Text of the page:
Day 9 of the 12 Days of Christmas Spirit for Mother Nature. Here are two fantastic organizations that help with wildlife preservation in Alberta that both run out of the Bow Valley.
Bow Valley Naturalists
For almost 50 years, Bow Valley Naturalists have been active in learning about local ecosystems and advocating for their protection. Source – Bow Valley Naturalists
This group hosts a monthly speaker series on current topics within the Bow Valley, the last one being about Whirling Disease, which was recently found at Johnson Lake in Banff National Park.
They organize an annual Banff-Canmore Christmas Bird Count. This count relies heavily on volunteers and everyone is welcome.
Another very important initiative from this group is the High Elevation Localized Species (HELS) project.
Update 2021: At the moment, the HELS portal on the Bow Valley Naturalist website is not available, please sign up for their newsletter for updates about this program.
For educational purposes, here are the four High Elevation species of concern.
There is little to no information about these species population trends, or the corridors they require to maintain connectivity between their habitat patches. Source – Bow Valley Naturalists.
To give back to the Bow Valley Naturalists, visit their website to learn about all of the volunteering opportunities and upcoming events to help support this society thrive for years to come.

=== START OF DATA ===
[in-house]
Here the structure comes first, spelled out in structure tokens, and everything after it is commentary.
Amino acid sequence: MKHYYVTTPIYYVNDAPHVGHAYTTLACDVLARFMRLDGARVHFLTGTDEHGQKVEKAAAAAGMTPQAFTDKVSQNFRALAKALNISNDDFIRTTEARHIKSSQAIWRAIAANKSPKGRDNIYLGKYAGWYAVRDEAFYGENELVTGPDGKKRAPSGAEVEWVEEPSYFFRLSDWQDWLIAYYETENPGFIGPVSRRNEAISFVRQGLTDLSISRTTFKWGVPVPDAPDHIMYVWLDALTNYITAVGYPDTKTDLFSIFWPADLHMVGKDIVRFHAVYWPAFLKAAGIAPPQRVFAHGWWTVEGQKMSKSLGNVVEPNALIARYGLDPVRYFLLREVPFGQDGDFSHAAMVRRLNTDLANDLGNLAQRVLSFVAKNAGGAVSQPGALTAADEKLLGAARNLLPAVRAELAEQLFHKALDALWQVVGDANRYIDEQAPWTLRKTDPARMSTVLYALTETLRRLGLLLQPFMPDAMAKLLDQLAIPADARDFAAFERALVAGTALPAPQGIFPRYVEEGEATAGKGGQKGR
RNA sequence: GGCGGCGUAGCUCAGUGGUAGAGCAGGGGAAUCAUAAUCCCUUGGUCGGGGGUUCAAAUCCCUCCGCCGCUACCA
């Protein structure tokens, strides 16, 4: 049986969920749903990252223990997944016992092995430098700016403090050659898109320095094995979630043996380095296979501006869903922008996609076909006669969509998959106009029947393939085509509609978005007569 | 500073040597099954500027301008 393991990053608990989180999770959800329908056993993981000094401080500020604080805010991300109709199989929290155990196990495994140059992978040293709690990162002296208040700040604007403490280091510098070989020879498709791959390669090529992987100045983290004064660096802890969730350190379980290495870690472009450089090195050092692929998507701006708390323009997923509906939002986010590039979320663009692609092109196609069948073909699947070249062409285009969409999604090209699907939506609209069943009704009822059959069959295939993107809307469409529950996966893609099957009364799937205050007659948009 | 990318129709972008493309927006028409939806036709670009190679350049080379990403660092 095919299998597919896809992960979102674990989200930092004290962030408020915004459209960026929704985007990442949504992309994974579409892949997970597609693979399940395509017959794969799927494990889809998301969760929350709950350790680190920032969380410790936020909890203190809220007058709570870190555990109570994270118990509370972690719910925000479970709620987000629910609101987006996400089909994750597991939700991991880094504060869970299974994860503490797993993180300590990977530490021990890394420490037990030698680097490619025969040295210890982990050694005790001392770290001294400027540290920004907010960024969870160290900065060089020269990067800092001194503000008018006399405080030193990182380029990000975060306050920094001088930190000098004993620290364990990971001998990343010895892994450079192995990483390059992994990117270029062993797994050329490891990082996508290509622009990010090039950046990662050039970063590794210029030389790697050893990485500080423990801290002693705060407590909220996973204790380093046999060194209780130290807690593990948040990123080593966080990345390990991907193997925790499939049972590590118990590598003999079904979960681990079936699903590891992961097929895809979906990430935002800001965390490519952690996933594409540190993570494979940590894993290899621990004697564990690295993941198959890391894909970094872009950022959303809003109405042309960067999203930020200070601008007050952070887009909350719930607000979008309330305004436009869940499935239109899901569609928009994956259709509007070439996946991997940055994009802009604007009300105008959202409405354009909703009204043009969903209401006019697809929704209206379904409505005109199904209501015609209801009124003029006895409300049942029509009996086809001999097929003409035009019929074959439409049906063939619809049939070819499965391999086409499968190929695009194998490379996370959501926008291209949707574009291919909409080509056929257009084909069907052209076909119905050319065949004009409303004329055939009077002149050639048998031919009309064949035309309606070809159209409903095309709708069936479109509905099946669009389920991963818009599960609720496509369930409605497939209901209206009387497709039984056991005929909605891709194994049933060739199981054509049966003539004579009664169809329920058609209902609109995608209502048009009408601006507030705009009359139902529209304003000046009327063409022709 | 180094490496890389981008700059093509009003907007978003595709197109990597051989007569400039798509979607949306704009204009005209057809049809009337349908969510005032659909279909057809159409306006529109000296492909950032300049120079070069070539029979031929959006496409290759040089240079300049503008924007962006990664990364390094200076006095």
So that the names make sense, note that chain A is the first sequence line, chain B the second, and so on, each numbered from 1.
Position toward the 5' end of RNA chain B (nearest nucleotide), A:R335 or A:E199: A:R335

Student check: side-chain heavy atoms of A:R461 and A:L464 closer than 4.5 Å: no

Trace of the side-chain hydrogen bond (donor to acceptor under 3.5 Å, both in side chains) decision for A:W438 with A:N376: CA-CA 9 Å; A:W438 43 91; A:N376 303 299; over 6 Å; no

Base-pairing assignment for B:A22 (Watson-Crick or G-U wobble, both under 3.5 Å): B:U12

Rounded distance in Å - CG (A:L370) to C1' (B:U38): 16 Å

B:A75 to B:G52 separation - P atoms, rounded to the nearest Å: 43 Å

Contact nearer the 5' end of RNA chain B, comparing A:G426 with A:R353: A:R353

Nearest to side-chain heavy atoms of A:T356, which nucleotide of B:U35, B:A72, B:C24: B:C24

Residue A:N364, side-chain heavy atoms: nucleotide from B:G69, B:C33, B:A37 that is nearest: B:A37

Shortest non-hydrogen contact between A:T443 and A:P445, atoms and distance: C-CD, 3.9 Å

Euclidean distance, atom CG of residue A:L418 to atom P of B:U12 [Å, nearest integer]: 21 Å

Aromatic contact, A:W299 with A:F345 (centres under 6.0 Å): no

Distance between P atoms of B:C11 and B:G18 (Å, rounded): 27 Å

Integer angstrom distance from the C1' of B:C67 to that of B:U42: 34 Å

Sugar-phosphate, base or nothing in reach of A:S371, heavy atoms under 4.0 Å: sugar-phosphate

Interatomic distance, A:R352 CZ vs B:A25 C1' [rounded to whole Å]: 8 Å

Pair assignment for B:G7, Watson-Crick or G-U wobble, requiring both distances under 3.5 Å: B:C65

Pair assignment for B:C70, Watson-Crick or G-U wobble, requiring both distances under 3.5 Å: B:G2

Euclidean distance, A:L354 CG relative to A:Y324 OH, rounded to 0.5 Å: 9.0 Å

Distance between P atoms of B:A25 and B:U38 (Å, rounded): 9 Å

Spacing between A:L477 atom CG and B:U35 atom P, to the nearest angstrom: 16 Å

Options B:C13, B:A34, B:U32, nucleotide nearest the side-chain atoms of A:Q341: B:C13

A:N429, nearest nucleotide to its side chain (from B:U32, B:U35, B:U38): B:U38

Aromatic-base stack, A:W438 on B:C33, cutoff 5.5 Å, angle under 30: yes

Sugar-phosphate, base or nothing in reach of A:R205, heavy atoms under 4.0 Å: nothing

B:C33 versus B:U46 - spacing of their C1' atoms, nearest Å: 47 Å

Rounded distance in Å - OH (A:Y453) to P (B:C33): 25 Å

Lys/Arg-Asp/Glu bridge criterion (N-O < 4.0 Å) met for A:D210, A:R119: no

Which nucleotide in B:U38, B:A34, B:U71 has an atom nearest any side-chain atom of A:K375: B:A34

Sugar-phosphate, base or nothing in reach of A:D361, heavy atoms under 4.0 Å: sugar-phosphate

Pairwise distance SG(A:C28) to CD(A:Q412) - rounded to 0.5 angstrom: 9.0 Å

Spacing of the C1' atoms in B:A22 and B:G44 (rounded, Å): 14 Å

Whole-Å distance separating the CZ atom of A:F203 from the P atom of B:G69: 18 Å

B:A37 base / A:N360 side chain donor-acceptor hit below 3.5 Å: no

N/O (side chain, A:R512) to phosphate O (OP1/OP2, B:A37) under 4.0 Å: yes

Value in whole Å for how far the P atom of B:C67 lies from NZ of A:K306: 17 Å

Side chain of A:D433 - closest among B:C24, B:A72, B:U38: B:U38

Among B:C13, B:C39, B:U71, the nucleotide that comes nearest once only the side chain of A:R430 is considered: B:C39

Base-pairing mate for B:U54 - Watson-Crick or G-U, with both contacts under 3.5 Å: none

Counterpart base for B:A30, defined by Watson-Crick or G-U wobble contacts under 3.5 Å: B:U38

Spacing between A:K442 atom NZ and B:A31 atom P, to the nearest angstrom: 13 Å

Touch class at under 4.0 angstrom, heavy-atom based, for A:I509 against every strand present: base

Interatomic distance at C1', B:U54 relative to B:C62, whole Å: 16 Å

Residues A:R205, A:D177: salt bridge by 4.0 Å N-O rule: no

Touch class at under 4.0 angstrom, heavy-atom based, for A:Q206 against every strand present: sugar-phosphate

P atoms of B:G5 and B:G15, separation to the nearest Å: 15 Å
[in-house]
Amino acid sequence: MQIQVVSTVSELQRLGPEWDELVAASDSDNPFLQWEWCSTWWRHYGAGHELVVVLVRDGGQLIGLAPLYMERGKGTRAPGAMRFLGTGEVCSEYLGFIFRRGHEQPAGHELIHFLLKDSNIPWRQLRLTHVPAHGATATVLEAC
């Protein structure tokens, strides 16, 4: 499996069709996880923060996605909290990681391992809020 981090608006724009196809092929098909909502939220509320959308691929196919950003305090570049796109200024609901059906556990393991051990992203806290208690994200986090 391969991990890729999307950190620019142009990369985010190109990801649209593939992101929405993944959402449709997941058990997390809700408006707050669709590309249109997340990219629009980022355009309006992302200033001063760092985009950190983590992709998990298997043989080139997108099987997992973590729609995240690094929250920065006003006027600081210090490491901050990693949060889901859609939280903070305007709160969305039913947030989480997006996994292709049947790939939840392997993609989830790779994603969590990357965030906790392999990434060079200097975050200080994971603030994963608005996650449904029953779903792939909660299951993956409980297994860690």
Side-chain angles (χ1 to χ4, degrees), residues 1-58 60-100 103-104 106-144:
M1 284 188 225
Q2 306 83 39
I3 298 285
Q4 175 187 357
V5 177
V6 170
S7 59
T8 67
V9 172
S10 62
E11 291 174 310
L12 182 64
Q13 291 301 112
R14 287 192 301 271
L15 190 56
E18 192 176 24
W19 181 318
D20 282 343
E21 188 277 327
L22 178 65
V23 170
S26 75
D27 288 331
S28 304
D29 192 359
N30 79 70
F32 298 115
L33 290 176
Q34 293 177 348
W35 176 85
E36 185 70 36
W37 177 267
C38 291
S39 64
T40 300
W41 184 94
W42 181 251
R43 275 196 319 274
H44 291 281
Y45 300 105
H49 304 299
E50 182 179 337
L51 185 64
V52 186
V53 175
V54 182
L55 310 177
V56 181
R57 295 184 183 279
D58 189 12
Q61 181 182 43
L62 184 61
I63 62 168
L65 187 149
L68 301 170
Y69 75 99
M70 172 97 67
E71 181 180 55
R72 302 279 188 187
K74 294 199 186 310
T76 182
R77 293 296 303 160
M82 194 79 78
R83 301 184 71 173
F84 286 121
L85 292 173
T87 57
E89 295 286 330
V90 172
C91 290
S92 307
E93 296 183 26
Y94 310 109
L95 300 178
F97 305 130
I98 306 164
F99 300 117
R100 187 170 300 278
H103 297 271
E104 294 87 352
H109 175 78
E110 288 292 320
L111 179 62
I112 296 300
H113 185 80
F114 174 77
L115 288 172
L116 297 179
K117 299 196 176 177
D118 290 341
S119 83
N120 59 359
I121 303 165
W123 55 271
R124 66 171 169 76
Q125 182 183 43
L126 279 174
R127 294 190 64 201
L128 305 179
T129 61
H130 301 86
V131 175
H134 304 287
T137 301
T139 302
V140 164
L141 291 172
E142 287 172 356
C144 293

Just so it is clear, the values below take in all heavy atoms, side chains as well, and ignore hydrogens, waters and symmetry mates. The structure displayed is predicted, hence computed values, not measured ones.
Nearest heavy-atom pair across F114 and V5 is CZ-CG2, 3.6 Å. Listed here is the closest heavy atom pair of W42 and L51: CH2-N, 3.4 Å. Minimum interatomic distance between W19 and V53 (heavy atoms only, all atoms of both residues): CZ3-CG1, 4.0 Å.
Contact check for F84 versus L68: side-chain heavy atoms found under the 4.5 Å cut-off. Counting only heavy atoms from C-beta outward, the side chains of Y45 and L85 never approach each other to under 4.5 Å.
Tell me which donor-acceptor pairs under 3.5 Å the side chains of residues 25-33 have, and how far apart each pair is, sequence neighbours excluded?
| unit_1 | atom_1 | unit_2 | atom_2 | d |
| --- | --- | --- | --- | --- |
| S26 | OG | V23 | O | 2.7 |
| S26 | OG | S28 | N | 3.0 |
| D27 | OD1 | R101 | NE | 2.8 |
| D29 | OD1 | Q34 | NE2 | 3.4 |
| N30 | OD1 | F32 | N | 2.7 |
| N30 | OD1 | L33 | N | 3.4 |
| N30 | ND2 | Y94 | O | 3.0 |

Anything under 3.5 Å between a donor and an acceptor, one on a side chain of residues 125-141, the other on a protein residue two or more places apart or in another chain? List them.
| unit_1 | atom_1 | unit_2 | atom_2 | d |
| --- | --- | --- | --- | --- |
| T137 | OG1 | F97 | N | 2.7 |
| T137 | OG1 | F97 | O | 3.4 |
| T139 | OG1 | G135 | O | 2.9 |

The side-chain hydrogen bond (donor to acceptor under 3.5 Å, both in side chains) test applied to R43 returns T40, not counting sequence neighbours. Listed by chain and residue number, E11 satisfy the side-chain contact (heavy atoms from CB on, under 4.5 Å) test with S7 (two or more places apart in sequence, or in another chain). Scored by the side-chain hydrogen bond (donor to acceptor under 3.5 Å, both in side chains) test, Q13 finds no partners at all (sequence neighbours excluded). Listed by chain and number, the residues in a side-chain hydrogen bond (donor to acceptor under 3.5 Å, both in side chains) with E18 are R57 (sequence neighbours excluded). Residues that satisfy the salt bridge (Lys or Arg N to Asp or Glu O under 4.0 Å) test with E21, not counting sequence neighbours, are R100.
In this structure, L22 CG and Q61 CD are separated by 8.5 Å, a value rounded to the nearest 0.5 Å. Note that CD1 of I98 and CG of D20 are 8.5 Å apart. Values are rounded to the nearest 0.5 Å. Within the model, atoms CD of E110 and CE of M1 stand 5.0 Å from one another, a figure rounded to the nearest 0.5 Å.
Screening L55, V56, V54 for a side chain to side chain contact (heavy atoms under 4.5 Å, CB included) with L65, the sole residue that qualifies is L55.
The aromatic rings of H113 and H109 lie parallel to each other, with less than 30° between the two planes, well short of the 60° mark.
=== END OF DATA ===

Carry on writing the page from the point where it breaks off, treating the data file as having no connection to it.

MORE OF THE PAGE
Wildsmart is a program of the Biosphere Institute Of The Bow Valley and relies entirely on donations and sponsors. Their goal is to develop a coordinated approach to education/outreach programs and help support direct management activities that will aid in increasing public safety and enjoyment as well as contribute towards sustainable wildlife populations. Source – Bow Valley Wildsmart
Every spring they organize a free, family-friendly, very informative, hands-on Bear Days in Canmore event. This event is done in conjunction with Alberta Parks.
The annual Wildsmart Bear Days in Canmore event talks about living with bears, what to do if you see a bear and most importantly how to avoid a bear encounter. There are bear spray demonstrations put on by Conservation Officers and you even get to try spraying a can of fake bear spray. If you and your family spend any time in bear country, I would highly recommend attending this event.
In addition to the Bear Day event, they provide a weekly bear activity report called, Wildsmart Bear Report, they also offer education and outreach programs.
Are you interested in giving back to the Wildsmart initiative? Wildsmart has a great volunteer ambassador program to help monitor wildlife in Alberta in distress. As an added bonus – each wildlife volunteer receives a complimentary First Aid training course and certification!